FIG. 21 shows the post 204 of FIG. 20 in use in the erected kit. An existing temporary fence 218 is shown. Each section of the existing fence 218 comprises a metal mesh panel 220 which is connected at each end to a tubular metal member 222. Two tubular members 222 of adjacent panels 218 are supported adjacent another and received in adjacent upright bores (not shown) in a concrete block 224. The upper end of each tubular member 222 is open and receives the lower end of a post 204 of the kit 200 such that the annular resilient member or members 214 resiliently engage the inner wall of the tube 222 to mount each post 204. Wires 212 extend horizontally between aligned wire guides 216 on each post 204. The wires 212 are connected to an electrical source in known manner. The metal existing temporary fence 218 is connected to earth in known manner.
The complete fence thus consists of the existing fence 218 and an electrified fence immediately above it. If someone touches the existing fence 218 they will not be shocked as the wires 212 are insulated from the fence 218 by the wire guides 216 and rubber mounting members 214. However if they hold the existing fence 218 and reach up to touch the wires 212 they will receive a shock.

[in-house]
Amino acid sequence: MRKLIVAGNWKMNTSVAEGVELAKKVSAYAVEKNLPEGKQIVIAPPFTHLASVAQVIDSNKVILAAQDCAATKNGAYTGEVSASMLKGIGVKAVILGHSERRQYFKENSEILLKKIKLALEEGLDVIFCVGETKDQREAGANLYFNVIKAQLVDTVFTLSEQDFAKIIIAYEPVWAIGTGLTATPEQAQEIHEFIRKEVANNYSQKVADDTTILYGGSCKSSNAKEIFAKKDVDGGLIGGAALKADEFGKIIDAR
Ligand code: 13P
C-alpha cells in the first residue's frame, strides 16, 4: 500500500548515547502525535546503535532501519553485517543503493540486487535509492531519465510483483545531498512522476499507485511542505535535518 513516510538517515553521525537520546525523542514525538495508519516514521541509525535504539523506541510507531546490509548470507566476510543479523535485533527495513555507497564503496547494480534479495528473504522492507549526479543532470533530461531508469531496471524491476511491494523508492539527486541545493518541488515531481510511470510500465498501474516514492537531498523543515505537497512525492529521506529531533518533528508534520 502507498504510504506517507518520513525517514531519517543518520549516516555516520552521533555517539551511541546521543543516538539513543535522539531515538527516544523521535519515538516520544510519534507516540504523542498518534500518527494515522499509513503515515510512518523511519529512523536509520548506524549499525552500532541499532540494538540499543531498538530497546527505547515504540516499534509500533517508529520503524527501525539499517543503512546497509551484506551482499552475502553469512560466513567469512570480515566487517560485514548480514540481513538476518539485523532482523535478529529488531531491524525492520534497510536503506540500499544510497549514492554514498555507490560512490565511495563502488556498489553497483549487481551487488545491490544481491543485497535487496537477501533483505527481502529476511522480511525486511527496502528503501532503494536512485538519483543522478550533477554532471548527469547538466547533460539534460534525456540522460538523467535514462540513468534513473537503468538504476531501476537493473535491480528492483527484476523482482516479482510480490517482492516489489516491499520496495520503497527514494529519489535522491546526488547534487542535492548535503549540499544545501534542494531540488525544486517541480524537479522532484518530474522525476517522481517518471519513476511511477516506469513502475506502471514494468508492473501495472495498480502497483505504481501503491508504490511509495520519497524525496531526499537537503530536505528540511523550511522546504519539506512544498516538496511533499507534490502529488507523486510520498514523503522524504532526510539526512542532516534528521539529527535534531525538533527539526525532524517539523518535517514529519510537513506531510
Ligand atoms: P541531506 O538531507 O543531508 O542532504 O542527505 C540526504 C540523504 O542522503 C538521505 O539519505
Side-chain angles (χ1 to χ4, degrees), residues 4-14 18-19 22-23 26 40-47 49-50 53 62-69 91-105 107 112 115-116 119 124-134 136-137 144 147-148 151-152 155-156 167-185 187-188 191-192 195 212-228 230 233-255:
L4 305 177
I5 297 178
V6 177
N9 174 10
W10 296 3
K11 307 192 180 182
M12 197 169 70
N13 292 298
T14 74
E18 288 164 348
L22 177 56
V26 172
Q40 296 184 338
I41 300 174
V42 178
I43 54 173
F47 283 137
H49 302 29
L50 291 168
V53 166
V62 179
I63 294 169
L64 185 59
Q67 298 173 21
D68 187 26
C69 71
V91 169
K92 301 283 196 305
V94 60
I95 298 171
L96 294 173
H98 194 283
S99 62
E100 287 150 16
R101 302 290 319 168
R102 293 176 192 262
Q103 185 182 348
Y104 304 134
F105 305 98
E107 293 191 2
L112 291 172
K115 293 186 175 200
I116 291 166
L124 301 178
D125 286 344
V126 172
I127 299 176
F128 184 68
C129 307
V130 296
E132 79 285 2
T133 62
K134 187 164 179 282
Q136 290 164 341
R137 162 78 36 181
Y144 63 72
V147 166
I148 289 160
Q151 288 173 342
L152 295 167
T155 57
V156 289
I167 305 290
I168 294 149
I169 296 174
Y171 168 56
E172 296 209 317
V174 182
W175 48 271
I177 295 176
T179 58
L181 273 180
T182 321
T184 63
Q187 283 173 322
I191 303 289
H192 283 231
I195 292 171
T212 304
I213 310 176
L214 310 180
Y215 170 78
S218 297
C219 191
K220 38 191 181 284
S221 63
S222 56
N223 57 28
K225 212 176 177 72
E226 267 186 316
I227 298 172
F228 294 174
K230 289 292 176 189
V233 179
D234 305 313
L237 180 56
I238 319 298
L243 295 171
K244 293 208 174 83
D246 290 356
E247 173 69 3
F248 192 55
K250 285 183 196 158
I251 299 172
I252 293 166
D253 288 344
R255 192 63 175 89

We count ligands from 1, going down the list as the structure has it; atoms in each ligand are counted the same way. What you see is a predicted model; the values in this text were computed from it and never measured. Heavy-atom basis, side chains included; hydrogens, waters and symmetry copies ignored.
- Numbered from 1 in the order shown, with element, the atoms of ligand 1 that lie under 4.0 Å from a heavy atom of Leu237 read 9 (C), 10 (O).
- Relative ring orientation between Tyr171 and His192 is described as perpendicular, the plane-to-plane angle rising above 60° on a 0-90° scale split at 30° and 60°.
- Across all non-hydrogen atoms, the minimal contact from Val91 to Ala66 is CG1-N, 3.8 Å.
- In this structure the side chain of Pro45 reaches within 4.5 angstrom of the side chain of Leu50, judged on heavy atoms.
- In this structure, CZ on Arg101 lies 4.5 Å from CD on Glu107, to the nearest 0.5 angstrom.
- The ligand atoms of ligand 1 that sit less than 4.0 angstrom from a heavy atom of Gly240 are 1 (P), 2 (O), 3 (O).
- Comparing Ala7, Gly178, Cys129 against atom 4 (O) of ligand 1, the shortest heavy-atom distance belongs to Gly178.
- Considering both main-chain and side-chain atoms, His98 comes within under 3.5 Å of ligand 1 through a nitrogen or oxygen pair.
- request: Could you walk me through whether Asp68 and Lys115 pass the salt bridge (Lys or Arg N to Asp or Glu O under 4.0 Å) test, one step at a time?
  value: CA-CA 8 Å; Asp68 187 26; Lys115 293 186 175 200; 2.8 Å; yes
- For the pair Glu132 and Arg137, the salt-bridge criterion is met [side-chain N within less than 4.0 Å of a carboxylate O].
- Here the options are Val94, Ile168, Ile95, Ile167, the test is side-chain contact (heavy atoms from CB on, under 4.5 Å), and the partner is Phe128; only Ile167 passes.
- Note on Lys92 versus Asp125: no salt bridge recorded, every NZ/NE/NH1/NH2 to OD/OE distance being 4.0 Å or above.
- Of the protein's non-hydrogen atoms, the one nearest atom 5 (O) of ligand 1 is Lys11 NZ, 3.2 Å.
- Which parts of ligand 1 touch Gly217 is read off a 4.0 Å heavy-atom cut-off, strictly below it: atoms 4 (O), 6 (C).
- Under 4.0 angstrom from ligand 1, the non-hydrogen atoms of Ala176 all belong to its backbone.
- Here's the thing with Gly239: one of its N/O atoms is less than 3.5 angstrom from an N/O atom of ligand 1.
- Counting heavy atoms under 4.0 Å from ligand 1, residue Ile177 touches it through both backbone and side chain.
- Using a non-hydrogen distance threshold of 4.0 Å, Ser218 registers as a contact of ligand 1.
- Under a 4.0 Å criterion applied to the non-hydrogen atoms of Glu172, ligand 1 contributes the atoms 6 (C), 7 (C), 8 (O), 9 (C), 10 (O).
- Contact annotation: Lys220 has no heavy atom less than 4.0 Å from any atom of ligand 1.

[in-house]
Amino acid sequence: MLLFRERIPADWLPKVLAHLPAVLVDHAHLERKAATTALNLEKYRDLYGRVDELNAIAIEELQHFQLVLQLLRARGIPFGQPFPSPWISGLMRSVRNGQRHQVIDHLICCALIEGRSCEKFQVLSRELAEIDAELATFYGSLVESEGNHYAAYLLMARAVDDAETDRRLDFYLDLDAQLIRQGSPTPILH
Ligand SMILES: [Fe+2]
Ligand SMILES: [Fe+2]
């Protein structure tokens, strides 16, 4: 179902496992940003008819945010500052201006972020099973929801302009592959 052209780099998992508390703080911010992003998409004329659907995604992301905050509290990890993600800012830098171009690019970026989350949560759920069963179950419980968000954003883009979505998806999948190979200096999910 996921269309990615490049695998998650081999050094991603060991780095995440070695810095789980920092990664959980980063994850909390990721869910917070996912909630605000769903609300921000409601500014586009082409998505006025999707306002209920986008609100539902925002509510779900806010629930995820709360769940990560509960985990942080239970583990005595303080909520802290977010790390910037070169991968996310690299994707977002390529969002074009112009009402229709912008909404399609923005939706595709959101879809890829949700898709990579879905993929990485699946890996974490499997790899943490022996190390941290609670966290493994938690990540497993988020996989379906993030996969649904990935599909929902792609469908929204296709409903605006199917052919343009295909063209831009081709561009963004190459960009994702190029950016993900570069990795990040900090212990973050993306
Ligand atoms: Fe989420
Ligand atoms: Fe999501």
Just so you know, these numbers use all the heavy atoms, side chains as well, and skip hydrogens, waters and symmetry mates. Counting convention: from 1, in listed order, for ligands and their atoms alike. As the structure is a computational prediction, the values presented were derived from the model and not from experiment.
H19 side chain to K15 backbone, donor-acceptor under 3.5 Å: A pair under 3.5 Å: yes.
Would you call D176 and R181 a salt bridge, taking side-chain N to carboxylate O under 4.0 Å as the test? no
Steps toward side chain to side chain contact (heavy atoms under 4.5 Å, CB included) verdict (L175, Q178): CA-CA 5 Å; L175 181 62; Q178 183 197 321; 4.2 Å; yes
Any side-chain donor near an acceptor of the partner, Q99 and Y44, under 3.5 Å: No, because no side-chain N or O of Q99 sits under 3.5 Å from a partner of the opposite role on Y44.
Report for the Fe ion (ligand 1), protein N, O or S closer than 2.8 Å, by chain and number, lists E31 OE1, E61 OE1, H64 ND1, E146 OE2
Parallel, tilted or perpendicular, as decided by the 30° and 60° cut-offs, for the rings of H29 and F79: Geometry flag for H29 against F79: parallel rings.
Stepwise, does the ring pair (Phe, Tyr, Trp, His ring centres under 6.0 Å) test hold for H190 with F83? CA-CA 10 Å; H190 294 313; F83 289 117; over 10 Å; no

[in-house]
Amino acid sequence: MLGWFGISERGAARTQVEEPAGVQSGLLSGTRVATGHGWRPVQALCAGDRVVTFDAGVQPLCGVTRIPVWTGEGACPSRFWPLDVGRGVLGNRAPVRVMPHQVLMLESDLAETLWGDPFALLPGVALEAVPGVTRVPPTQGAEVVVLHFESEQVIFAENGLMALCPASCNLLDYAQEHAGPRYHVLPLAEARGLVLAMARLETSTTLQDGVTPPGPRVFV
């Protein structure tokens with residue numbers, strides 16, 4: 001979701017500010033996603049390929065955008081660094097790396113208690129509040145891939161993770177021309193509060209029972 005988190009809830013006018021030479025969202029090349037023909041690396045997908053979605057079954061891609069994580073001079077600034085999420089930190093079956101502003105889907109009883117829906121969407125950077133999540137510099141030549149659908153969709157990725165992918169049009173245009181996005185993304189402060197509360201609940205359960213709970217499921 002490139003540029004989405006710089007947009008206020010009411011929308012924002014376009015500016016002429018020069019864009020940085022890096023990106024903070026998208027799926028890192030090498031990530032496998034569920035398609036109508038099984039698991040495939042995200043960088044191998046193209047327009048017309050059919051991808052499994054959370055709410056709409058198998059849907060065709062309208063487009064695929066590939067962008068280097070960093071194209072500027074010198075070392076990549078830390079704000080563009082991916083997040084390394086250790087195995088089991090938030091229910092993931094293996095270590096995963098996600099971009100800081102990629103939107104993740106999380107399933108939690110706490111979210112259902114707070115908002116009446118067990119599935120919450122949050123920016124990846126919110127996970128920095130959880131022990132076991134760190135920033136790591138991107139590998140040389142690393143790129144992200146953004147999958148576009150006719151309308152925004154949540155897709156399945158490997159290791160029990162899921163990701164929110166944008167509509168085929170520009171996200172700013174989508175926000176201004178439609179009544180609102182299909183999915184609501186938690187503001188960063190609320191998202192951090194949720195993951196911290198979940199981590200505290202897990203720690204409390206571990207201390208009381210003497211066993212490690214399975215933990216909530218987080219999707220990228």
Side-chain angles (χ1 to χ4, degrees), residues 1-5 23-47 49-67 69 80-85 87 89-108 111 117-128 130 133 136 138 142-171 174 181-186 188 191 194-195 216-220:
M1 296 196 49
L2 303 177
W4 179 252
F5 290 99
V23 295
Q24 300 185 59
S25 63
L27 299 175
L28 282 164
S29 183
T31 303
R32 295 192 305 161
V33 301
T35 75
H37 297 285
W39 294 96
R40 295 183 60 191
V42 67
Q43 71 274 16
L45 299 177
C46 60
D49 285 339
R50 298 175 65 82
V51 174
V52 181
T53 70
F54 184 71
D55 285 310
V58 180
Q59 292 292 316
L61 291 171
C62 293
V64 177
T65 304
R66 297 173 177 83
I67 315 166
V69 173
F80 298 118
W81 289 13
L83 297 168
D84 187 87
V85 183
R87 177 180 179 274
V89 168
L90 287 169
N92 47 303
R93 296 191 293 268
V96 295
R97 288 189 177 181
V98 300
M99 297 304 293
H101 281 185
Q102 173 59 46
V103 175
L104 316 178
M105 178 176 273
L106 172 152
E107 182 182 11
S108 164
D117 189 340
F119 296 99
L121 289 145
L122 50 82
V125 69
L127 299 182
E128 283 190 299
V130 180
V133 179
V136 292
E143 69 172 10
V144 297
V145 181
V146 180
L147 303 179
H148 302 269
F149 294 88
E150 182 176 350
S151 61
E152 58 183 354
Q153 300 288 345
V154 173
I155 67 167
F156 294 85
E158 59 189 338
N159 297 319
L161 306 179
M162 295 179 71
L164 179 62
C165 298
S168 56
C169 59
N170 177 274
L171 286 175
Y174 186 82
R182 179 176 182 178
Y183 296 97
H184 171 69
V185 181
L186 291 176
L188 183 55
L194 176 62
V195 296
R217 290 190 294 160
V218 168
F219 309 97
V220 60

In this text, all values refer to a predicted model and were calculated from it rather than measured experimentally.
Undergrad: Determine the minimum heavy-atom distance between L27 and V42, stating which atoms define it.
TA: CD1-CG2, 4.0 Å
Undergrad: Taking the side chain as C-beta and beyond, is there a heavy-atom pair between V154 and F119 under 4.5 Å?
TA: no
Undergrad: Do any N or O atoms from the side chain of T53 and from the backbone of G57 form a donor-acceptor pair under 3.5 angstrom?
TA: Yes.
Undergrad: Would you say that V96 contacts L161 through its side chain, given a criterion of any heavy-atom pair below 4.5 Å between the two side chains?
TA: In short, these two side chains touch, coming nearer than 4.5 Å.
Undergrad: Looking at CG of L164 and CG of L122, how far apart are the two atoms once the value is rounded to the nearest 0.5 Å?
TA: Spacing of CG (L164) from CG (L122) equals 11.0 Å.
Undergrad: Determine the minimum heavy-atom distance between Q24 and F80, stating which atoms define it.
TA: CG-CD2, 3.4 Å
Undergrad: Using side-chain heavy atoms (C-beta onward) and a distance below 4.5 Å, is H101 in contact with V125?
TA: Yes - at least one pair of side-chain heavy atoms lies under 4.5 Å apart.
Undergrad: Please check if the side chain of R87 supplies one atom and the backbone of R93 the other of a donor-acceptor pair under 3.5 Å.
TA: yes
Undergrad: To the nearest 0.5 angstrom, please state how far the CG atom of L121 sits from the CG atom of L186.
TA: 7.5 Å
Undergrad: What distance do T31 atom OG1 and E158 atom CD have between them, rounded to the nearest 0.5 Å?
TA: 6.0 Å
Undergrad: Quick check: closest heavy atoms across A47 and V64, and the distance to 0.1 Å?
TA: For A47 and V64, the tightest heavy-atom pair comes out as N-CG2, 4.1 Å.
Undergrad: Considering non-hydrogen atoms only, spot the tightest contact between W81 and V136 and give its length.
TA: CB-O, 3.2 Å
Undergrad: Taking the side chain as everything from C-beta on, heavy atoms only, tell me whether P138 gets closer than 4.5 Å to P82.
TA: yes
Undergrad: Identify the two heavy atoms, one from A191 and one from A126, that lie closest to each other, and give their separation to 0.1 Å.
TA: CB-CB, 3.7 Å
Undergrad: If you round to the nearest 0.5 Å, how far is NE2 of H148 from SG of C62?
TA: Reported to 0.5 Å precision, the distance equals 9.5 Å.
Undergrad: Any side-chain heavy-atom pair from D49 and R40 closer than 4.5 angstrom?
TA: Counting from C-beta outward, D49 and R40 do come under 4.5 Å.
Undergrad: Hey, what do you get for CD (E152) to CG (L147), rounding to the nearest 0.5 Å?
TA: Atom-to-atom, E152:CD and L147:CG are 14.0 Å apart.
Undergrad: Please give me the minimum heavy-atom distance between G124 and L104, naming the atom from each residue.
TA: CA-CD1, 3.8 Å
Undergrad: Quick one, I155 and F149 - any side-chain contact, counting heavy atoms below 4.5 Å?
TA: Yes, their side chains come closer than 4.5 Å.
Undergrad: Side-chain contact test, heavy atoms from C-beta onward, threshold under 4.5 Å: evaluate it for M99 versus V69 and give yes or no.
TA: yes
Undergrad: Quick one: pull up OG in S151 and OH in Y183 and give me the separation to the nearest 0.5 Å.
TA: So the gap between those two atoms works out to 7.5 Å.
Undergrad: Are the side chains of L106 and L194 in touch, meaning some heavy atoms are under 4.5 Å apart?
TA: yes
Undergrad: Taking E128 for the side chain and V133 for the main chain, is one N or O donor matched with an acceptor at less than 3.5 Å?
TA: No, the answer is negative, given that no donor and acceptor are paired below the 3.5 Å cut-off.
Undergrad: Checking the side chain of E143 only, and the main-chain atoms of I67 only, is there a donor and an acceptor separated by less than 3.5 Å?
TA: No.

The post 204 and associated parts of the alternative kit shown in FIG. 20 could also be used above the existing fence 218 in the same way.
The term "wire" used herein includes not only metallic material but also includes other electrically conductive filamentary material suitable for conducting the high and low tension voltages.